Google has the very nice JavaScript compressor called "Closure"


But it's a pain to use for inline JavaScript within an HTML file.

Question: Does an online tool exist where I simply give the input "uncompress.html" and it spits out the compressed version of that HTML with all inline JavaScript compressed as well?

  • 2
    For what reasons do you need inline JavaScript within an HTML file? – Jon Cram Dec 13 '09 at 20:51
  • 2
    I need the JS to run immediately. So the fasting performing way to do this is to have JS inline. Plus, this JS is only used on this one single HTML page – NickH Dec 13 '09 at 21:26

Minifiers,obfuscators and compressors have been designed to solve the issue of downloading external elements when loading a page. They were never meant to be used for inline JavaScript or CSS since lots of that is normally kept outside of the page in a separate file.

Since you should be gzipping as much as you can, for browsers that can handle gzip, it shouldn't in reality matter that your inline css/javascript isn't minified on the page.

  • You would think but I have A LOT of JavaScript. Simply running Closure alone on my JS is reducing my JavaScript by nearly 94 kb even gzipped. My JavaScript approaching 400 kb (gzipped), so cutting 94 kb of gzipped JS is massive – NickH Dec 13 '09 at 21:29
  • 1
    if there is that much inline javascript it should probably be in its own file since it would have its own pipe for downloading and doesnt need to go into your all.js file. Modern browsers have 8 pipes for downloading so doubt you would have too much blocking – AutomatedTester Dec 13 '09 at 23:32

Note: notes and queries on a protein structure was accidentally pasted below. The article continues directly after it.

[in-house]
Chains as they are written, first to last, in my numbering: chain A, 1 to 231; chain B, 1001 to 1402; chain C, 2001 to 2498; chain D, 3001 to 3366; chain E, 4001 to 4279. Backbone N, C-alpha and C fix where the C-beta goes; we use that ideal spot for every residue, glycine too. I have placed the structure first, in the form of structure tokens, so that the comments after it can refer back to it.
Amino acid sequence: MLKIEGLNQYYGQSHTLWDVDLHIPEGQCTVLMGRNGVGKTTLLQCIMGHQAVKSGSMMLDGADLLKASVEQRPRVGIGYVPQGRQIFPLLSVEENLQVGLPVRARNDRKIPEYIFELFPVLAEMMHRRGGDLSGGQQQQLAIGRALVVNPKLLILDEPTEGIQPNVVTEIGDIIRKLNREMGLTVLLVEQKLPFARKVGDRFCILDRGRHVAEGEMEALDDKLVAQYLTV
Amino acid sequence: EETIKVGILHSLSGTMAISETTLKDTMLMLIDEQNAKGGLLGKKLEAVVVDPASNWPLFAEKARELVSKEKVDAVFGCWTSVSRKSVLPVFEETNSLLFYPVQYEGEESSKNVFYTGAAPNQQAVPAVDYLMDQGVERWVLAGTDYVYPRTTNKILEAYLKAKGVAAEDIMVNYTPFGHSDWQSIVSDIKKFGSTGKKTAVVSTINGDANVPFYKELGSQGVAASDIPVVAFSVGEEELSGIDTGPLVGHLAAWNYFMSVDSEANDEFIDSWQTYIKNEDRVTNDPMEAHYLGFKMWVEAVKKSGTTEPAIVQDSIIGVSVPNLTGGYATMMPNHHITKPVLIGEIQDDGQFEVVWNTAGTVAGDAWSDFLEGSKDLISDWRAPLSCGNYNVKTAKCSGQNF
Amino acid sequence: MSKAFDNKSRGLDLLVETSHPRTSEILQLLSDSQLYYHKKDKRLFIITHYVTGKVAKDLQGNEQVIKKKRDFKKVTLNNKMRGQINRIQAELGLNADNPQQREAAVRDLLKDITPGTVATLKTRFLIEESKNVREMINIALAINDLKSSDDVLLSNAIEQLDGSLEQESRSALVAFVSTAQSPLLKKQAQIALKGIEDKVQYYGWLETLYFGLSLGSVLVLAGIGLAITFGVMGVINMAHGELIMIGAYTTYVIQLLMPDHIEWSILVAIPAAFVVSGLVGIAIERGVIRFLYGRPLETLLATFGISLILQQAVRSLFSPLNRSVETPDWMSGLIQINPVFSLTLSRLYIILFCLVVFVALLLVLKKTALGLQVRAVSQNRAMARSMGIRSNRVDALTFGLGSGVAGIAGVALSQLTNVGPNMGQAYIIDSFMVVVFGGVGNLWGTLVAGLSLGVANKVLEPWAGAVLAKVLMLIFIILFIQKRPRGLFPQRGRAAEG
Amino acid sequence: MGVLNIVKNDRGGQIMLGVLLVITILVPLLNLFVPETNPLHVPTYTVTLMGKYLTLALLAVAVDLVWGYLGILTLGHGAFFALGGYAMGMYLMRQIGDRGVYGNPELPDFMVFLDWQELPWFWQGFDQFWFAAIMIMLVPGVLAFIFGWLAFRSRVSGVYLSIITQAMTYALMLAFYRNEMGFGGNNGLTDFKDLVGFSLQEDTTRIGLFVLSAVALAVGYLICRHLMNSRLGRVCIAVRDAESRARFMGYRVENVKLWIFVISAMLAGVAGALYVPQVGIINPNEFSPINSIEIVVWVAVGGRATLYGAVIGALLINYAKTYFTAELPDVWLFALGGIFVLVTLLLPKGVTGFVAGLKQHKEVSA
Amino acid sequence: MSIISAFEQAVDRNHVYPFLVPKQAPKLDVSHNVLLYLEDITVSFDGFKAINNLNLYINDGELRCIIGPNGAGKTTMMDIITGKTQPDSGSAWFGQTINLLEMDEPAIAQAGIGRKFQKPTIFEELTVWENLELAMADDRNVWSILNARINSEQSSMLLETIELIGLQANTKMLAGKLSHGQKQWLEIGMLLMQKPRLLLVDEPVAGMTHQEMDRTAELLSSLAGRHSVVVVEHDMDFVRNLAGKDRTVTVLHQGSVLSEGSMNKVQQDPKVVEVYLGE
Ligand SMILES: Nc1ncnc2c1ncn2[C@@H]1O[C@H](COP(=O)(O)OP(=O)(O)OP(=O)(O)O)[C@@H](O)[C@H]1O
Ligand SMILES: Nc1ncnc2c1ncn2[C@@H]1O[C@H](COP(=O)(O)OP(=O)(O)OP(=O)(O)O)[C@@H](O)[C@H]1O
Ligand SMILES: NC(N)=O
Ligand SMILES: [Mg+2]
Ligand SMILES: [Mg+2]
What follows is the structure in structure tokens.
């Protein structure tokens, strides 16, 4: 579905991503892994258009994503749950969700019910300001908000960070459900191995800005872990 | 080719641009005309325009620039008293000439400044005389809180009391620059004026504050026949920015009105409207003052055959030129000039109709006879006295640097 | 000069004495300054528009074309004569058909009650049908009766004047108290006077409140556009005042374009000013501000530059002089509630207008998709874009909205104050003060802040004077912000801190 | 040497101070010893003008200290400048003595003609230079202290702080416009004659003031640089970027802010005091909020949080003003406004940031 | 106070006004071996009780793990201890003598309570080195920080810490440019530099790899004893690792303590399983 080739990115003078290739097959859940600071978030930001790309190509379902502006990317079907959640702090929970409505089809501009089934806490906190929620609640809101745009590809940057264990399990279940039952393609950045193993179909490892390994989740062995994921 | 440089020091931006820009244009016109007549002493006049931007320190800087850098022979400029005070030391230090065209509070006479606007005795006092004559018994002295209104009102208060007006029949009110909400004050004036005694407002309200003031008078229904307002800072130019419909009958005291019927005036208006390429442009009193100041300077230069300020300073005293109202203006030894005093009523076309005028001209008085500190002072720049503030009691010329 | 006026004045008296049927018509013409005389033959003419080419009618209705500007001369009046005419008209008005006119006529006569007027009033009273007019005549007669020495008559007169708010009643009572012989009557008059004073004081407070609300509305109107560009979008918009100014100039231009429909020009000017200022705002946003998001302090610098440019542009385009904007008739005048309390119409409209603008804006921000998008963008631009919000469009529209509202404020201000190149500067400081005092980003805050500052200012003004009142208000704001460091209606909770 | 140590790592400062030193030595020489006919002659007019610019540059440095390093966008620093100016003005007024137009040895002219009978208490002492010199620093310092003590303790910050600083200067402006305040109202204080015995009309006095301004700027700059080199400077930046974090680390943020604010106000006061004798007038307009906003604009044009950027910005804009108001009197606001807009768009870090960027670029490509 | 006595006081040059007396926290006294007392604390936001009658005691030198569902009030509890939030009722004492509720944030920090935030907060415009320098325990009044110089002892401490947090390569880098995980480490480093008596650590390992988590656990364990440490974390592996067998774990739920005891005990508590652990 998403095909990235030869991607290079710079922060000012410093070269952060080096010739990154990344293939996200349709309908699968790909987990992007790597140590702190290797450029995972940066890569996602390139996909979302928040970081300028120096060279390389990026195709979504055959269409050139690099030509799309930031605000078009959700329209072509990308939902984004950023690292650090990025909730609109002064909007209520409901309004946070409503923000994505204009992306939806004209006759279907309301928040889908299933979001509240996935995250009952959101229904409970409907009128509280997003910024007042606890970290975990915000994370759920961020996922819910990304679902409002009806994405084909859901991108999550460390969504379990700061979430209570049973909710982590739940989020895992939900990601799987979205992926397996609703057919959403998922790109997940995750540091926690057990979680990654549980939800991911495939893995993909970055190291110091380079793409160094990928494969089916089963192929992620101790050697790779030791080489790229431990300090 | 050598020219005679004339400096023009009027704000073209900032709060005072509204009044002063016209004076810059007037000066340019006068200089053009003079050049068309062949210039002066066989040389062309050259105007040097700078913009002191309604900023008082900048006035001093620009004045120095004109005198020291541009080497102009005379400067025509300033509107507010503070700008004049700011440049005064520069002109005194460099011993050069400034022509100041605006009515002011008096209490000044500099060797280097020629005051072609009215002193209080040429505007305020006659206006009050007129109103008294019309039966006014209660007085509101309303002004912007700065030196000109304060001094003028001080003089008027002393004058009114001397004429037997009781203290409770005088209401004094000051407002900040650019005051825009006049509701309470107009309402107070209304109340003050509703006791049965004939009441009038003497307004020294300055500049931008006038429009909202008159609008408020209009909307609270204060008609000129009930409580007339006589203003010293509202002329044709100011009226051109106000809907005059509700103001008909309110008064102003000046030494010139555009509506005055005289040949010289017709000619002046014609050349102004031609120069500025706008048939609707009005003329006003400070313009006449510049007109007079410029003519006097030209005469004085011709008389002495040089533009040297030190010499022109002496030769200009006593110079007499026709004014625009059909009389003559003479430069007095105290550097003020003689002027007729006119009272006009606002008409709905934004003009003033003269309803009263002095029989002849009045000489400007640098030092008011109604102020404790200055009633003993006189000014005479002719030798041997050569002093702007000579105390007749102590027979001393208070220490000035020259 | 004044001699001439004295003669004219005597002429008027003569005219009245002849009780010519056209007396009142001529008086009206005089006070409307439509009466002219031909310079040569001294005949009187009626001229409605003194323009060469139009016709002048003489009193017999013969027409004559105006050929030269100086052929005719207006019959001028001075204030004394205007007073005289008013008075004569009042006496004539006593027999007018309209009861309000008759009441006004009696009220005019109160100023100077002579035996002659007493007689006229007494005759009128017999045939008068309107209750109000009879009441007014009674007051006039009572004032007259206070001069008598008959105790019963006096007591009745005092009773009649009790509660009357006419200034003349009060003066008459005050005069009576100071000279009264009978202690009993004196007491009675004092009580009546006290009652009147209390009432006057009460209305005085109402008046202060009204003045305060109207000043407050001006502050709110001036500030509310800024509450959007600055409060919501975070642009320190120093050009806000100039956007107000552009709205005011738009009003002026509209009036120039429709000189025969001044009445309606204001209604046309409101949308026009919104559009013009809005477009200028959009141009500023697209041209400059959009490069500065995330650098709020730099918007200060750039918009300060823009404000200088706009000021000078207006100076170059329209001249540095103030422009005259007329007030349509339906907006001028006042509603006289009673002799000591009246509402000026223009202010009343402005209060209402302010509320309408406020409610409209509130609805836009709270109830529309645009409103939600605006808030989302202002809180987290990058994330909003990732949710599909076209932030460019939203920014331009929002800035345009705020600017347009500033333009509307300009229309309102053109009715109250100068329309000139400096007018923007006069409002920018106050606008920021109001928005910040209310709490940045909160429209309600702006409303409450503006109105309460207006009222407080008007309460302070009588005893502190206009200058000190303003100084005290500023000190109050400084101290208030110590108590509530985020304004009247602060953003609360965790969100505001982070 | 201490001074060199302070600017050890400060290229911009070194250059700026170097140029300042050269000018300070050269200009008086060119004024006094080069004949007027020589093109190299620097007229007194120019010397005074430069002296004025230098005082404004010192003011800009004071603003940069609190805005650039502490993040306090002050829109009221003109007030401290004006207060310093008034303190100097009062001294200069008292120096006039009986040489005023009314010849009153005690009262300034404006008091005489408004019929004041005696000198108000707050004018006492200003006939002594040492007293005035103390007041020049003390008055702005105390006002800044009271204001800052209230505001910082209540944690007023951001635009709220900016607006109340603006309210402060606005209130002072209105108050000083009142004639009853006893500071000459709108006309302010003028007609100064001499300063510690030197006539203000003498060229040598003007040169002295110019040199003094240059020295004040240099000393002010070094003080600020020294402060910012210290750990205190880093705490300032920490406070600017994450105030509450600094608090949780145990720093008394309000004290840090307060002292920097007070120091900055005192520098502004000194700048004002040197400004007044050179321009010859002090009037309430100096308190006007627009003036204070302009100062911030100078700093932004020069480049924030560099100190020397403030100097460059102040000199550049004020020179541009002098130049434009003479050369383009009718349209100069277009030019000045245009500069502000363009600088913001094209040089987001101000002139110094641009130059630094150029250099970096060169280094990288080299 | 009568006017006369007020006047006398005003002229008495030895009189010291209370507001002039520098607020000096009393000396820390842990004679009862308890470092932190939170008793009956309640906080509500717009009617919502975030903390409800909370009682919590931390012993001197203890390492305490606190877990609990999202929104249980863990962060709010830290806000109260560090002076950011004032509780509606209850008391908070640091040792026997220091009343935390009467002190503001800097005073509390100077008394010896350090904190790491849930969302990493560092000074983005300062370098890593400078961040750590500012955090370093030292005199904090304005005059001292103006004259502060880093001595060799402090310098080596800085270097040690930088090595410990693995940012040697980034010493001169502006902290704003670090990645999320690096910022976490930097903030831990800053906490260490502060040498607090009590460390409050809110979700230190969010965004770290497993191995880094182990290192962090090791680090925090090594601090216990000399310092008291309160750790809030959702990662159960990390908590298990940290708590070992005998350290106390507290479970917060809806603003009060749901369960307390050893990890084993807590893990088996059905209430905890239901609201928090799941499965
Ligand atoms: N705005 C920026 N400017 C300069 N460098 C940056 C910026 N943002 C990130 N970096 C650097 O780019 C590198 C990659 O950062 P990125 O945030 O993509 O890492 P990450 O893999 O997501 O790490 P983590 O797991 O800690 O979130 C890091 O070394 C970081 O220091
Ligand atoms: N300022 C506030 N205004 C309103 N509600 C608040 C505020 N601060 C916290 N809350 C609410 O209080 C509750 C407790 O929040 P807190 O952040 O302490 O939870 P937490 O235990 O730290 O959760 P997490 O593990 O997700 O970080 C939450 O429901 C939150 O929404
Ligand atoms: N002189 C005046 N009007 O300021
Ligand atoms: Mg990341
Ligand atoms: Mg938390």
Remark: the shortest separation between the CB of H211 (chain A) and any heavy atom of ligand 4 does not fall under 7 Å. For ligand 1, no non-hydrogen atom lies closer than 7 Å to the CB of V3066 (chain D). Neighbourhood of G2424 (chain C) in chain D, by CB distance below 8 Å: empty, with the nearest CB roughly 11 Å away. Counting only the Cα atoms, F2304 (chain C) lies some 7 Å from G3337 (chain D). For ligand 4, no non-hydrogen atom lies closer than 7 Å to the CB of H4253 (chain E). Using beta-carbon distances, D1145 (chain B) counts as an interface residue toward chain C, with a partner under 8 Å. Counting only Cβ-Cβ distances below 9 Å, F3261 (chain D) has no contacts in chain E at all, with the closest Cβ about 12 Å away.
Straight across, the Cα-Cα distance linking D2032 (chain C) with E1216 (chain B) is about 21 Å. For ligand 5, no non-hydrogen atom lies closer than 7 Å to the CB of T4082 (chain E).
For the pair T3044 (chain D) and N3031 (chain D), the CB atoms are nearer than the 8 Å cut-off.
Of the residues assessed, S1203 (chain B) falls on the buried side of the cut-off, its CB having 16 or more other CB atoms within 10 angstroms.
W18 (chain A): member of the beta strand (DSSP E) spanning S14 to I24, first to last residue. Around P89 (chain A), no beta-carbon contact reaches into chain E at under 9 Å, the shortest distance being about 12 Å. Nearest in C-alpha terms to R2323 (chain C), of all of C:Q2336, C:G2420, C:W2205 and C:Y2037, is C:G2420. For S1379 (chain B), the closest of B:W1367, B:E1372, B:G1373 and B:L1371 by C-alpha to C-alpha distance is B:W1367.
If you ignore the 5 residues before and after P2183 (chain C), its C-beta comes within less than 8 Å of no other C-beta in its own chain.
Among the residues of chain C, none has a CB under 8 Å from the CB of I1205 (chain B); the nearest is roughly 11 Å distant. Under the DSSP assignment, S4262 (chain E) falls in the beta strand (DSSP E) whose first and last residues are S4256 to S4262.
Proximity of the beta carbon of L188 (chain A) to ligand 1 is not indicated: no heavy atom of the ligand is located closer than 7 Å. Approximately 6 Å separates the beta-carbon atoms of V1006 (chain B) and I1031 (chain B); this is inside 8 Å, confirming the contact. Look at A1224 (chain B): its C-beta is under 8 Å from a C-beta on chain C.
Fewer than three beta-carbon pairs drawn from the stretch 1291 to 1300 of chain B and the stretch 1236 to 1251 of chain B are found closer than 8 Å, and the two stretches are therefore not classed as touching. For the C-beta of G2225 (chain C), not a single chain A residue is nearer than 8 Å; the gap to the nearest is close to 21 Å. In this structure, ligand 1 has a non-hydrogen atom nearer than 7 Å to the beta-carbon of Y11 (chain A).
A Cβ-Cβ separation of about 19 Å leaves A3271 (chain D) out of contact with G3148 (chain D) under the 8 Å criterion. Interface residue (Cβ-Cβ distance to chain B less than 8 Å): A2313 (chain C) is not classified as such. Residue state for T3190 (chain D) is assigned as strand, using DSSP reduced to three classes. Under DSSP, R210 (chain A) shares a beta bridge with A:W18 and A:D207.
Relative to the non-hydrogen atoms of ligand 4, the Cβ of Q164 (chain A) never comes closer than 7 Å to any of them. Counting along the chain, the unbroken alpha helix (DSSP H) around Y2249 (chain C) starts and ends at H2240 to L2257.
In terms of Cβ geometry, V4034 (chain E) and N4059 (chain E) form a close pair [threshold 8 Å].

• 2
    My god 400Kb (compressed) of inline javascript!!! – micmcg Dec 14 '09 at 0:51
  • @NickH I'm pretty sure there's something terribly wrong going on with your development workflow. 400Kb of gzipped js is an order of magnitude bigger than jQuery itself. – Camilo Martin Sep 5 '12 at 19:03

If you use PHP, you might call the compiler of google in this way, and then use the header to return javascript

    $script = file_get_contents('http://www.domain.com/scripts/script.js');
    $ch = curl_init('http://closure-compiler.appspot.com/compile');

    curl_setopt($ch, CURLOPT_RETURNTRANSFER, 1);
    curl_setopt($ch, CURLOPT_POST, 1);
    curl_setopt($ch, CURLOPT_POSTFIELDS, 'output_info=compiled_code&output_format=text&compilation_level=SIMPLE_OPTIMIZATIONS&js_code=' . urlencode($script));
    $output = curl_exec($ch);

    header('Content-type: application/javascript');
    echo $output;


link php code


Mirroring AutomatedTester's comment, you really shouldn't put so much inline JavaScript into your HTML file.

But if you really really want to do that for some reason, why can't you:

  1. Make a text file containing the JavaScript
  2. Compress it with Closure
  3. Copy it into your <script></script> tag

I know this is not automatic, but you should only need to do this when you are deploying, and you are not deploying every hour, right?

I haven't seen much need to minimize HTML, since gzip typically does a good enough job...

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